Diamondback terrapins at Zoo Atlanta have a future in the wild
Thursday, September 22, 2016
Twenty-five young turtles have arrived at the Zoo, and 23 have traveled to the Georgia coast, in support of conservation for a native species
The newest turtles in Scaly Slimy Spectacular: The Amphibian and Reptile Experience didn’t hatch at Zoo Atlanta – they’re part of an important conservation program for a native Georgia icon. The 25 young diamondback terrapins now exploring the waters of the Zoo’s Georgia Tidal Creek are participants in the Georgia Sea Turtle Center’s Jekyll Island Causeway Conservation Program.
In receiving the new terrapins, Zoo Atlanta also transferred 23 diamondback terrapins brought to the Zoo in 2015 back to the Georgia Sea Turtle Center, a department of the Jekyll Island Authority, which will prepare them for release in the wild along the Georgia coast. The Georgia Sea Turtle Center’s Jekyll Island Causeway Conservation Program focuses on a roadside management plan to reduce terrapin mortality on Georgia’s causeways and elsewhere with the goal of reducing the unsustainable impact of highway mortality on diamondback terrapin populations. Zoo Atlanta supports the program by rearing terrapins hatched from females killed or injured by automobiles.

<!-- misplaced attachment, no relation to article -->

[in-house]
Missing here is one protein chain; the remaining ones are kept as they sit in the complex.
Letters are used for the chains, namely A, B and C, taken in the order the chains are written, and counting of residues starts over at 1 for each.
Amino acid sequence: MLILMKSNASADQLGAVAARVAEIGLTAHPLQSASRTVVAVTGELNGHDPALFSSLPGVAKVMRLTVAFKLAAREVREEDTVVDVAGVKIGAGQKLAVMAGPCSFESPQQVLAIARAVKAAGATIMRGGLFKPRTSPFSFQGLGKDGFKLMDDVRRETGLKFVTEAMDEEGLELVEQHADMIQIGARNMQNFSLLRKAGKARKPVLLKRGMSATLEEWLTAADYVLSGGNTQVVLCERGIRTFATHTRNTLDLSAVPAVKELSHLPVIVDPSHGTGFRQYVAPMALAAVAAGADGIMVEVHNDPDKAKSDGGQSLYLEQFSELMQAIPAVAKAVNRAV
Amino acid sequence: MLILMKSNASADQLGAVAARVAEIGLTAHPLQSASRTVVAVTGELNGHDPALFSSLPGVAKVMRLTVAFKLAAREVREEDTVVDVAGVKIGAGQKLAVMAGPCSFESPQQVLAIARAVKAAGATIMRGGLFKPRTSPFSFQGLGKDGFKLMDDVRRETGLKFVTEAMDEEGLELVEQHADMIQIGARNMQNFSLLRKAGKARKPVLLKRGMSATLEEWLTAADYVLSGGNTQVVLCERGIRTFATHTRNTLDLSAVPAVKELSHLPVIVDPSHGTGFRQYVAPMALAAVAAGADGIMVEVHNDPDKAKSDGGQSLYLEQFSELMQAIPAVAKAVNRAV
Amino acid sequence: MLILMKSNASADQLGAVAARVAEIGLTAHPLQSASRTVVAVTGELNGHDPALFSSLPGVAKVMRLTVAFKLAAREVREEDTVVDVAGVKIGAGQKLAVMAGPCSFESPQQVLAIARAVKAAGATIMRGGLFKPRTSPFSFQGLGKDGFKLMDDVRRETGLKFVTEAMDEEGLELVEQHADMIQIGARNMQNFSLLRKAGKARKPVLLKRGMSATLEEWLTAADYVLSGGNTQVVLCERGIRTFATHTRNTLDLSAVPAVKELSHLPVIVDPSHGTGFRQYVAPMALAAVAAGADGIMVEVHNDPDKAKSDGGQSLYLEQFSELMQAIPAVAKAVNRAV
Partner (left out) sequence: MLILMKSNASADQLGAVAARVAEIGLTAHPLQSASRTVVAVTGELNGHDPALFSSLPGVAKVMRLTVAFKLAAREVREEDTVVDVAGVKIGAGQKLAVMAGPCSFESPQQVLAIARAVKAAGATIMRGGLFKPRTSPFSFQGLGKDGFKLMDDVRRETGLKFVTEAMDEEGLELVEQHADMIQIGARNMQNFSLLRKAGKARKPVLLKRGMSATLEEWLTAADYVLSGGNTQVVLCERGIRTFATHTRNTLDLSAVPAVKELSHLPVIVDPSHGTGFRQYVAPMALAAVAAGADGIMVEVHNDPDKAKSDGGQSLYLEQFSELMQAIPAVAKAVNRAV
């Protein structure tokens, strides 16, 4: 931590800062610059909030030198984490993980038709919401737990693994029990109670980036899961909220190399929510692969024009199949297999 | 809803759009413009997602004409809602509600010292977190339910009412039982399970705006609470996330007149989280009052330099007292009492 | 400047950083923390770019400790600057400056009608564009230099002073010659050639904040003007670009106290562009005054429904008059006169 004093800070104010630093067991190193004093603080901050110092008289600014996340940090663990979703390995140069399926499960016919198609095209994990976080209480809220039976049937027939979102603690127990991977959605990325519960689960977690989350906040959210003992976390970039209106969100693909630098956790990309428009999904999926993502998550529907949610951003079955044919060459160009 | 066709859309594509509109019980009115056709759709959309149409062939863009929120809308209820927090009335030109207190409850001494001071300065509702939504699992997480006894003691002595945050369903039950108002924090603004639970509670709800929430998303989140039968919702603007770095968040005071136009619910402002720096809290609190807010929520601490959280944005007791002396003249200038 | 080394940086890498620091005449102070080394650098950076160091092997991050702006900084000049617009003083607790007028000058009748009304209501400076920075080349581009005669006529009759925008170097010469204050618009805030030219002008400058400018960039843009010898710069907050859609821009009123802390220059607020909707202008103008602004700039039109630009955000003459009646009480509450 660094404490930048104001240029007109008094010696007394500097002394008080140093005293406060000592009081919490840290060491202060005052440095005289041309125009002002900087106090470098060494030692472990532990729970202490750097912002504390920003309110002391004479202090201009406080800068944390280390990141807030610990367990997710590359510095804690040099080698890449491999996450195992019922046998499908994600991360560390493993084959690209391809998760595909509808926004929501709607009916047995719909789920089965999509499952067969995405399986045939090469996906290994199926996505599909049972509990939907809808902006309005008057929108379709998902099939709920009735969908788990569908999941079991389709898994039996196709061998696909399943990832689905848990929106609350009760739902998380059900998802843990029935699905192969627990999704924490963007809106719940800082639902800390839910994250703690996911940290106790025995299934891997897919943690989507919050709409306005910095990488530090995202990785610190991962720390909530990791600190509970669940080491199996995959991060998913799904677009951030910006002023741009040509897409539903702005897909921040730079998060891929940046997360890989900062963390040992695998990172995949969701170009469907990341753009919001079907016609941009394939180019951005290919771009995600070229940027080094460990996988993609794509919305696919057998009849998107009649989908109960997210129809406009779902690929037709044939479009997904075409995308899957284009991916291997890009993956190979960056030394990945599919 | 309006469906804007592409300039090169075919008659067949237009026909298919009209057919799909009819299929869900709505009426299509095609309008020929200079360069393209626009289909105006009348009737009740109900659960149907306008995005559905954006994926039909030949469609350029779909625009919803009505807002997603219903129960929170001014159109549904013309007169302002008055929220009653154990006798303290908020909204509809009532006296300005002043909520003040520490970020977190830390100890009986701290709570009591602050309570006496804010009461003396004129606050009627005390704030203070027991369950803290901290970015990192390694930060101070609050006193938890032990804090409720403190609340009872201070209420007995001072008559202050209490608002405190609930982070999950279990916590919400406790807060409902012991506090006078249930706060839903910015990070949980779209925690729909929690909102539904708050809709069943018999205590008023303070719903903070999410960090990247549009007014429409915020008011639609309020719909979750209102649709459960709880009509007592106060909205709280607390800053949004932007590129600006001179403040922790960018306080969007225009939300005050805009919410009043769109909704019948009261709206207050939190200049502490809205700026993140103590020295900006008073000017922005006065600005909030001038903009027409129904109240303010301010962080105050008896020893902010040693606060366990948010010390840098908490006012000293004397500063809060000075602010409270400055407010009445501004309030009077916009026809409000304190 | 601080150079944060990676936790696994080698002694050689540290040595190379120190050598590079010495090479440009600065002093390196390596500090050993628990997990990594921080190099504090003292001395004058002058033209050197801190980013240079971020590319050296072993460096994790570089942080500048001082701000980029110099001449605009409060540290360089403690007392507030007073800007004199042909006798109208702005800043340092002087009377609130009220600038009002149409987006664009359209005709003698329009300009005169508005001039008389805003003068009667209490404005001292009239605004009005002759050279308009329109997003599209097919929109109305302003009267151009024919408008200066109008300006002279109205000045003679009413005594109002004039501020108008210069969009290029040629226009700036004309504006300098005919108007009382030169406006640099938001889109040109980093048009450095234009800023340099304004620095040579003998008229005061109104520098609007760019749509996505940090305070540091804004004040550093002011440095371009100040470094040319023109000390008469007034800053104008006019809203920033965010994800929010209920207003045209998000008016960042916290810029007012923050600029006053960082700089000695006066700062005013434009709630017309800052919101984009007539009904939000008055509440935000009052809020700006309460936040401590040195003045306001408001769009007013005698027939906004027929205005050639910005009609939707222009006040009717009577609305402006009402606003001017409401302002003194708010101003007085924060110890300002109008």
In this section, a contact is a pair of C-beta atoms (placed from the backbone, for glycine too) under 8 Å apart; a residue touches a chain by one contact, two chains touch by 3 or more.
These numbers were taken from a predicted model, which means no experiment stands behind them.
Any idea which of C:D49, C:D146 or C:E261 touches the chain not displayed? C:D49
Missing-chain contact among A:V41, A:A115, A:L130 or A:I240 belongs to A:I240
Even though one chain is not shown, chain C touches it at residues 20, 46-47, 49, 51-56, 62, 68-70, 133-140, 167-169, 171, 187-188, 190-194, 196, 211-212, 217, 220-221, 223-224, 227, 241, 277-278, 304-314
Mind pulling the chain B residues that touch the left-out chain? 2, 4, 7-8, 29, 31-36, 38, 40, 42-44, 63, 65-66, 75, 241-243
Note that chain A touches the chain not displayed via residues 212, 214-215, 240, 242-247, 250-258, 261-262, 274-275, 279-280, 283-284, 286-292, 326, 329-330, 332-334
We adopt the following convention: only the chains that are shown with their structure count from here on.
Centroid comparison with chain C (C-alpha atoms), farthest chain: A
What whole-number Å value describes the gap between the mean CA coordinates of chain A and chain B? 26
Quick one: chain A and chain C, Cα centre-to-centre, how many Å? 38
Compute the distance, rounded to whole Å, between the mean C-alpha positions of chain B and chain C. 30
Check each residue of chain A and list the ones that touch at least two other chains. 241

“We’re proud to support the Georgia Sea Turtle Center in the work they do to raise awareness of and protect the diamondback terrapin, which is one of our state’s natural treasures,” said Raymond B. King, President and CEO. “Zoo visitors can do more than see and appreciate these young terrapins as they grow up here. They can see them with the knowledge that these same individuals will someday be part of wild populations.”
Found only along the eastern and Gulf coasts of the United States, from Cape Cod south to the Florida Keys and west to Texas, the diamondback terrapin is the only turtle species on Earth that inhabits brackish water. Once numerous on the coast of Georgia, the species was driven nearly to extinction by overharvesting for turtle soup in the 19th and early 20th centuries. Diamondback terrapin numbers are now on the rise thanks to conservation action, but highway mortality continues to be the turtles’ primary threat, along with habitat alteration and drownings in crab pots.
The new terrapins can now be seen in the Georgia Tidal Creek in Scaly Slimy Spectacular: The Amphibian and Reptile Experience. Their shells are numbered with nontoxic paint for identification.
The Georgia Tidal Creek is one of around 65 habitats represented in Scaly Slimy Spectacular. Opened in 2015, the complex is the world’s first LEED Gold-certified reptile and amphibian exhibit. Additional honors include first place in the Interior Exhibits category in the 2016 National Association for Interpretation (NAI) Interpretive Media Awards; the ENR Southeast Best Project Award in the Cultural/Worship category in 2015; and an award for Top Project in Commercial Construction under $30 Million from the Construction Management Association of America in 2015.
Visit www.zooatlanta.org for more on conservation programs at Zoo Atlanta. For more on the Georgia Sea Turtle Center, visit gstc.jekyllisland.com.